There’s an old saying about traditional markets that actually sounds more like a trading rule. It goes, “when the trend is negative, one can only go neutral or short”, i.e. bet on falling prices. The problem is that a rebound in relief tricks traders into believing that the prevailing negative sentiment has shifted into a buyers market.

For example, after analyzing the price chart of Ether (ETH), one could conclude that after a 41% crash, a bull run should be triggered as soon as possible. Unfortunately, this is a bit of a mistake because markets can exist in non-definition (trend) periods.

Ether price on FTX, in USD. Source: Trading View

So you could say that the chart above shows a long trading period near $2,800, for example. Given Ether’s 88% annualized volatility, moves between $2,400 and $3,200 should be considered normal.

Using technical analysis, a trader can point to lower highs forming the downtrend channel above, but should Ether bears celebrate and call $2,500 and below? This largely depends on the position of retail traders, as well as the on-chain metrics of the Ethereum network.

A few things to consider are whether the 63% drop in network transaction fees to the current $17 reflects a decrease in the use of decentralized applications (DApps), or are users benefiting from engagement with other solutions? layer 2 scaling?

Ether futures premium is missing

To understand how confident traders are about Ether’s price recovery, it is worth analyzing perpetual futures data. It is the preferred derivative of retail traders because exchanges offer up to 50x leverage and its price tends to follow regular spot markets perfectly.

In any futures trading, longs (buyers) and shorts (sellers) are matched at all times, but their use of leverage may vary. Therefore, the exchanges will charge a funding rate to the party that has deposited the least margin, and this commission is paid to the opposing party.

Ether perpetual futures 8-hour funding rate. Source: Coinglass

This data tells us if retail traders are getting excited, pushing the funding rate above 0.05%, which equates to 1% per week. Notice how the past two months have shown a slightly negative funding rate, reflecting neutral to bearish sentiment. Currently, there is no indication that retail traders are confident enough to buy Ether using leverage.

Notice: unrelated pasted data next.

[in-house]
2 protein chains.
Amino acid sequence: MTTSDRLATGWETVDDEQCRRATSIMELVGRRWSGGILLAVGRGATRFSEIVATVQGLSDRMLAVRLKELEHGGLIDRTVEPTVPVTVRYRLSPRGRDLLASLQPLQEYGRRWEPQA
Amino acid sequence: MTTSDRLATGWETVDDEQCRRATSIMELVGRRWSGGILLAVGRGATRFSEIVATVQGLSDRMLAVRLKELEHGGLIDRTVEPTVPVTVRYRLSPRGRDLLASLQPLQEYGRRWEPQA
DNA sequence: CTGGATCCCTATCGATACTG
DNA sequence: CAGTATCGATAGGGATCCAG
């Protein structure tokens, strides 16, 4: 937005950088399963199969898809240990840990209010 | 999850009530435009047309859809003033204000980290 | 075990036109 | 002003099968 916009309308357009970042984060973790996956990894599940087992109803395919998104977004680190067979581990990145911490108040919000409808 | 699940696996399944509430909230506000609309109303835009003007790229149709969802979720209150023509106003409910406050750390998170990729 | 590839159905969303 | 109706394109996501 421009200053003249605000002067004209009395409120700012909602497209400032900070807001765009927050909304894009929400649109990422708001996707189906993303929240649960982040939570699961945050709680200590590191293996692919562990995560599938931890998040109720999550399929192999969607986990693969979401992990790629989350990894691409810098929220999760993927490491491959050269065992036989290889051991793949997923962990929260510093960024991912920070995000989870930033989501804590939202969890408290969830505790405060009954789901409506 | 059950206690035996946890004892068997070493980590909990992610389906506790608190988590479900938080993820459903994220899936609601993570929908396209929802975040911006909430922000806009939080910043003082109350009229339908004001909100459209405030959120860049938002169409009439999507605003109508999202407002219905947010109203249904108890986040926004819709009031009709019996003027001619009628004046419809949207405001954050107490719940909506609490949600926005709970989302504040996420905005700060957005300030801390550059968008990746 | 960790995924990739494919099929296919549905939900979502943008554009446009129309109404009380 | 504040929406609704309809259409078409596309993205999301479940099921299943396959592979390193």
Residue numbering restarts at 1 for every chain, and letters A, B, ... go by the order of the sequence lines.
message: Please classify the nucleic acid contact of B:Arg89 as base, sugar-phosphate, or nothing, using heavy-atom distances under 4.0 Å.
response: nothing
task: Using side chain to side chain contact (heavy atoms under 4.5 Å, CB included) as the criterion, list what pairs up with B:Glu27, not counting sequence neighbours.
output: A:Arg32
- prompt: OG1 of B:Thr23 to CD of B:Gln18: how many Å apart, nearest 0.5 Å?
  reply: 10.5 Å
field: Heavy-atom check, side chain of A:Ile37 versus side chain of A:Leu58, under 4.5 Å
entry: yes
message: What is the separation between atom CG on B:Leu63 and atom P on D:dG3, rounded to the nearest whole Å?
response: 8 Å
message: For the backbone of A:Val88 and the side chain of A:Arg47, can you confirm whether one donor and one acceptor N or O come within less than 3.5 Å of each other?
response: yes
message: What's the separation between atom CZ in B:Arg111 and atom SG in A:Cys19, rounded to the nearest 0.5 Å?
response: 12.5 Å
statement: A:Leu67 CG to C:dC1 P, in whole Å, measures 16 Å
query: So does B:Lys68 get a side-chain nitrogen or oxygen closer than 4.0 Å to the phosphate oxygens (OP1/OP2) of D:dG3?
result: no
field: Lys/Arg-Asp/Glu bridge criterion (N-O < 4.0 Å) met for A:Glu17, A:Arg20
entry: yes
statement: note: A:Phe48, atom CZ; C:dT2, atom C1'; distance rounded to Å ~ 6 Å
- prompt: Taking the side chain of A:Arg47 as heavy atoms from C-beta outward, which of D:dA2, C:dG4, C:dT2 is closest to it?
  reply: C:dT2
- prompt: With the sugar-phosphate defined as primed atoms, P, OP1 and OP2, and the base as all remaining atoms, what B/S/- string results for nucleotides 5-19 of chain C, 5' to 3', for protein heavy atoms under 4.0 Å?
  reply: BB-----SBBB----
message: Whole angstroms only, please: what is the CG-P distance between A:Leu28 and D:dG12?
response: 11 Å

To exclude externalities that could have influenced the data on derivatives, it is necessary to analyze the on-chain data of the Ethereum network. For example, monitoring network usage tells us whether real-world use cases support the demand for Ether tokens.

On-chain measurements raise concerns

Measuring the monetary value of Ether transacted on the network provides a quick and reliable indicator of effective usage. Of course, this metric could be masked by growing adoption in Layer 2 solutions, but it works as a starting point.

7-day average of native ETH token transfers per day, USD. Source: CoinMetrics

The current daily transaction average of $6.7 billion represents a 6% increase from the previous 30 days, but is a far cry from the $9 billion seen at the end of 2021. Data shows that Ether token transactions do not show no signs of growth, at least on the primary layer.

It’s worth moving on to decentralized application usage metrics, but avoid focusing exclusively on total value locked (TVL) as this metric is heavily focused on lending platforms and decentralized exchanges (DEX), so assess the number of active addresses provides a broader view.

Ethereum network DApps activity over 30 days. Source: DappRadar

On average, Ethereum DApps saw a monthly decline of 10% on active addresses. In a nutshell, the data is disappointing because the smart contract network was specifically designed to host decentralized applications such as non-fungible token markets (NFTs) and decentralized finance, DeFi.

Unless there is decent growth in Ether transactions and usage of DApps, the bears will likely have the upper hand. As for the neutral funding rate of retail traders, it should not be taken as a bearish sign, as these investors usually enter leveraged long positions after a sharp rise in prices.

The views and opinions expressed herein are solely those of the author and do not necessarily reflect the views of Cointelegraph. Every investment and trading move involves risk. You should conduct your own research before making a decision.